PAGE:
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A general view of Miglos
A general view of Miglos
Coat of arms of Miglos
Coat of arms
Miglos is located in France
Coordinates: 42°47′33″N 1°36′01″E / 42.7925°N 1.6003°E / 42.7925; 1.6003Coordinates: 42°47′33″N 1°36′01″E / 42.7925°N 1.6003°E / 42.7925; 1.6003
Country France
Region Occitanie
Department Ariège
Arrondissement Foix
Canton Tarascon-sur-Ariège
Intercommunality Pays de Tarascon
 • Mayor (2008–2014) Georges Rouzaud
Area1 18.76 km2 (7.24 sq mi)
Population (2008)2 107
 • Density 5.7/km2 (15/sq mi)
Time zone CET (UTC+1)
 • Summer (DST) CEST (UTC+2)
INSEE/Postal code 09192 /09400
Elevation 600–1,903 m (1,969–6,243 ft)
(avg. 850 m or 2,790 ft)

1 French Land Register data, which excludes lakes, ponds, glaciers > 1 km² (0.386 sq mi or 247 acres) and river estuaries.

2 Population without double counting: residents of multiple communes (e.g., students and military personnel) only counted once.

Miglos is a commune in the Ariège department in southwestern France.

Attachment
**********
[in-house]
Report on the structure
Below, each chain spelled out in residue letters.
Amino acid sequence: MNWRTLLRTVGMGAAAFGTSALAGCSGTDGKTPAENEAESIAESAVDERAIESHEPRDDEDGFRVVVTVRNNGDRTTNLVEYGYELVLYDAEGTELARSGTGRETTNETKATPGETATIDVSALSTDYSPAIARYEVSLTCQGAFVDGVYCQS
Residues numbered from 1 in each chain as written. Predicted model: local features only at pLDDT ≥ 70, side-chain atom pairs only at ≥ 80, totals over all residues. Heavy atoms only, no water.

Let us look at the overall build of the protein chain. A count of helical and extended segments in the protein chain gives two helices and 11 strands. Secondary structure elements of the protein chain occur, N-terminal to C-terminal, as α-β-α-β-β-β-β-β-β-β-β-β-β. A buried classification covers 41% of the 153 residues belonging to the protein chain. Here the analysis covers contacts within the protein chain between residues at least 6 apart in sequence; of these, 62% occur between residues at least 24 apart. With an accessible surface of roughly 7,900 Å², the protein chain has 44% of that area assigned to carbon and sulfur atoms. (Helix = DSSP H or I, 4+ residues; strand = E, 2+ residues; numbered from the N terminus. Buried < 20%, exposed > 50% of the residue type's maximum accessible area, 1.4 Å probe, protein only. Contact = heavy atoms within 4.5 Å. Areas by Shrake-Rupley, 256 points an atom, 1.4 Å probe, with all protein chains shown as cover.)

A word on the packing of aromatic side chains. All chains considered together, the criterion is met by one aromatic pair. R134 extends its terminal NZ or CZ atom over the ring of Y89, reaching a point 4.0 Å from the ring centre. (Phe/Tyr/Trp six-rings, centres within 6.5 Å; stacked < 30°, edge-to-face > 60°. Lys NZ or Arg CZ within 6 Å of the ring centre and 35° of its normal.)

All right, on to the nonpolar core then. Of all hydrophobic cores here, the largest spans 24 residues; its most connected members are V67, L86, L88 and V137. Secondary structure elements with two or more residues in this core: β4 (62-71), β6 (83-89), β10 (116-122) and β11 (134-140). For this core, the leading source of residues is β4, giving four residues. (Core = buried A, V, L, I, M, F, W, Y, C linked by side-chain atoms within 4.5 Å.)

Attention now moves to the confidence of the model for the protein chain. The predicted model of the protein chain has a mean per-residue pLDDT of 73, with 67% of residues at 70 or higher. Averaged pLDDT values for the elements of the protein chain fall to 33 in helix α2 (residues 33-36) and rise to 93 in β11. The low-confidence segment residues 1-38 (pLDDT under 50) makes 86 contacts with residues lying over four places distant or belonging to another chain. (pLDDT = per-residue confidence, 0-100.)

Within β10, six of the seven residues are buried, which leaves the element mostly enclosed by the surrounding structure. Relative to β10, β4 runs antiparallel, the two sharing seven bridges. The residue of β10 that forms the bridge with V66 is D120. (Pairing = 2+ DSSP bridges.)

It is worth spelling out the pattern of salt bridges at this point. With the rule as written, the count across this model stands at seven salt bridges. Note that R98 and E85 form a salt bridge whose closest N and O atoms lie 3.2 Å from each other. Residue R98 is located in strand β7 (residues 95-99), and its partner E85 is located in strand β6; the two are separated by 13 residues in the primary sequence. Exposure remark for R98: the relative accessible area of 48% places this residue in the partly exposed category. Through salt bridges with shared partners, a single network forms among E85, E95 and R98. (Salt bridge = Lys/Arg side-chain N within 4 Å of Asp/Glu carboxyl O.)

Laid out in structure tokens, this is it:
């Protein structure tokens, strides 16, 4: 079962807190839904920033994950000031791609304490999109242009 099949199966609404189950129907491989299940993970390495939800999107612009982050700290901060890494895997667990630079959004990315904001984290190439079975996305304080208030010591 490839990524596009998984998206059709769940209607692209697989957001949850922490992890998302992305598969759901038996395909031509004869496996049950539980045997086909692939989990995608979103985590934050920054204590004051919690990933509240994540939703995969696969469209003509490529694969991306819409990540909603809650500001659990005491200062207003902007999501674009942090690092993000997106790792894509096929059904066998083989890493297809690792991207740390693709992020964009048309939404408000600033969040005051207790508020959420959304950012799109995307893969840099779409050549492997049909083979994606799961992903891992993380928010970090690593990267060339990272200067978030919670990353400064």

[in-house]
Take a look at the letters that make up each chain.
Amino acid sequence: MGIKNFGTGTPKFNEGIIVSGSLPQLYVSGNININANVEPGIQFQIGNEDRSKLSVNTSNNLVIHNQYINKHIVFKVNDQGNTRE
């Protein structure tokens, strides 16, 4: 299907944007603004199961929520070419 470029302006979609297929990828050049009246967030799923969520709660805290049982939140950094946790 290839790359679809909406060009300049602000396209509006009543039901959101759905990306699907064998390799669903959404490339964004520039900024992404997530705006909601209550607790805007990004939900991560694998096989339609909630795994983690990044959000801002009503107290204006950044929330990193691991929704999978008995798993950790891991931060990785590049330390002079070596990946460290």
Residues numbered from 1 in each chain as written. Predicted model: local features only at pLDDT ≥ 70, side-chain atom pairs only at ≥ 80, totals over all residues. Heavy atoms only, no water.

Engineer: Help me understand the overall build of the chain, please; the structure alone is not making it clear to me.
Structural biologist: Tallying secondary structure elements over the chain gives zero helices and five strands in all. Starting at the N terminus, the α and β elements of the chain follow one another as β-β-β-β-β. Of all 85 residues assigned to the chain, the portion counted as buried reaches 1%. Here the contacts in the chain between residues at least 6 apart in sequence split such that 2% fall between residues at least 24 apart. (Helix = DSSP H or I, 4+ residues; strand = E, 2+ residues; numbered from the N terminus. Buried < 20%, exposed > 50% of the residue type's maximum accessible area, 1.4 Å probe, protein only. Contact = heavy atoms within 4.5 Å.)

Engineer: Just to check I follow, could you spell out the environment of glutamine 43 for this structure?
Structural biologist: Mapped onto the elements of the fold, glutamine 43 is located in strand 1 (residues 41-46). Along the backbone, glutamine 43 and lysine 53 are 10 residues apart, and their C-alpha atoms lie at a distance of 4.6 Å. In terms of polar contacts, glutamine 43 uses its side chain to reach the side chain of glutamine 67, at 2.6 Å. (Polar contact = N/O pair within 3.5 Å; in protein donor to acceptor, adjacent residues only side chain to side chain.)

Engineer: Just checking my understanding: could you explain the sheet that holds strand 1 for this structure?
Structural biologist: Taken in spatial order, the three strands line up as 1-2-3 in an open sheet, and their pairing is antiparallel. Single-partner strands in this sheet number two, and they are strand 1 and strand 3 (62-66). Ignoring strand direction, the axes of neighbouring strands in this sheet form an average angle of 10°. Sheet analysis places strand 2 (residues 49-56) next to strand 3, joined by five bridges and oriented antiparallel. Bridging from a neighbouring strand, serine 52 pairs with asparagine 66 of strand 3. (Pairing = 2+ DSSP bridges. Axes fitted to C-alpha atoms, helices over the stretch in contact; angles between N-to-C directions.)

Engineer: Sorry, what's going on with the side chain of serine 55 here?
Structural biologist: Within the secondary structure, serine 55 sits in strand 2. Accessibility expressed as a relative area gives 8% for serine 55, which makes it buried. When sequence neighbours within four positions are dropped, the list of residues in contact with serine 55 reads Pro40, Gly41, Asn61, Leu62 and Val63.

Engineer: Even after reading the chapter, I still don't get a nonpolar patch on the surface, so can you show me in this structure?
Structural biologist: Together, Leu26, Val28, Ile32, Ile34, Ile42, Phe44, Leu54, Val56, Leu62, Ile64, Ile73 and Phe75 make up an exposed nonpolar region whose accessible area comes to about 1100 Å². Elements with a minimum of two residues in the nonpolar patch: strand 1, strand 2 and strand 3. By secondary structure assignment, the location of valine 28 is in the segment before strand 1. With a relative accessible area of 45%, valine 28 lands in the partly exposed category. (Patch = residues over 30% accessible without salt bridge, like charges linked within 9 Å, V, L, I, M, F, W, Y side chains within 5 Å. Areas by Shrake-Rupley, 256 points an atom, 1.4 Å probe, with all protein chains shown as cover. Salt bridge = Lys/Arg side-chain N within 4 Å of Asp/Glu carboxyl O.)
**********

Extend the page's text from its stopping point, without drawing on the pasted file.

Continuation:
It is located in the former High Ariege in the High County Foix, Sabarthès.

The valley opens to the northwest Vicdessos valley at Capoulet, and to the south it forms a large bowl. The valley has an average altitude of 810 metres (2,660 ft).

The limits of the Barony under the former regime were almost the same as those of today. During the revolutionary period the municipality escaped fragmentation.


Historical population
Year Pop. ±%
1962 73 —    
1968 105 +43.8%
1975 120 +14.3%
1982 94 −21.7%
1990 97 +3.2%
1999 80 −17.5%
2008 107 +33.7%


The ruins of the Château de Miglos are perched atop a limestone outcrop 750 metres (2,460 ft) high, just a couple of kilometres upstream from the prehistoric caves at Niaux and the commune of Capoulet, in the valley of Vicdessos.[1] It was built towards the beginning of the 13th century, later razed by Cardinal Richelieu and largely damaged at the time of the French Revolution.[1]

In 1830, Jean-Louis Hycinthe de Vendômois, heir to the place, saw his residence plundered during the Guerre des Demoiselles (1829–1832) while opposing the peasants of Ariège with Charles X of France.

See also[edit]


  1. ^ a b Dubin, Marc (2004). The rough guide to the Pyrenees. Rough Guides. p. 261. ISBN 1-84353-196-8. 

External links[edit]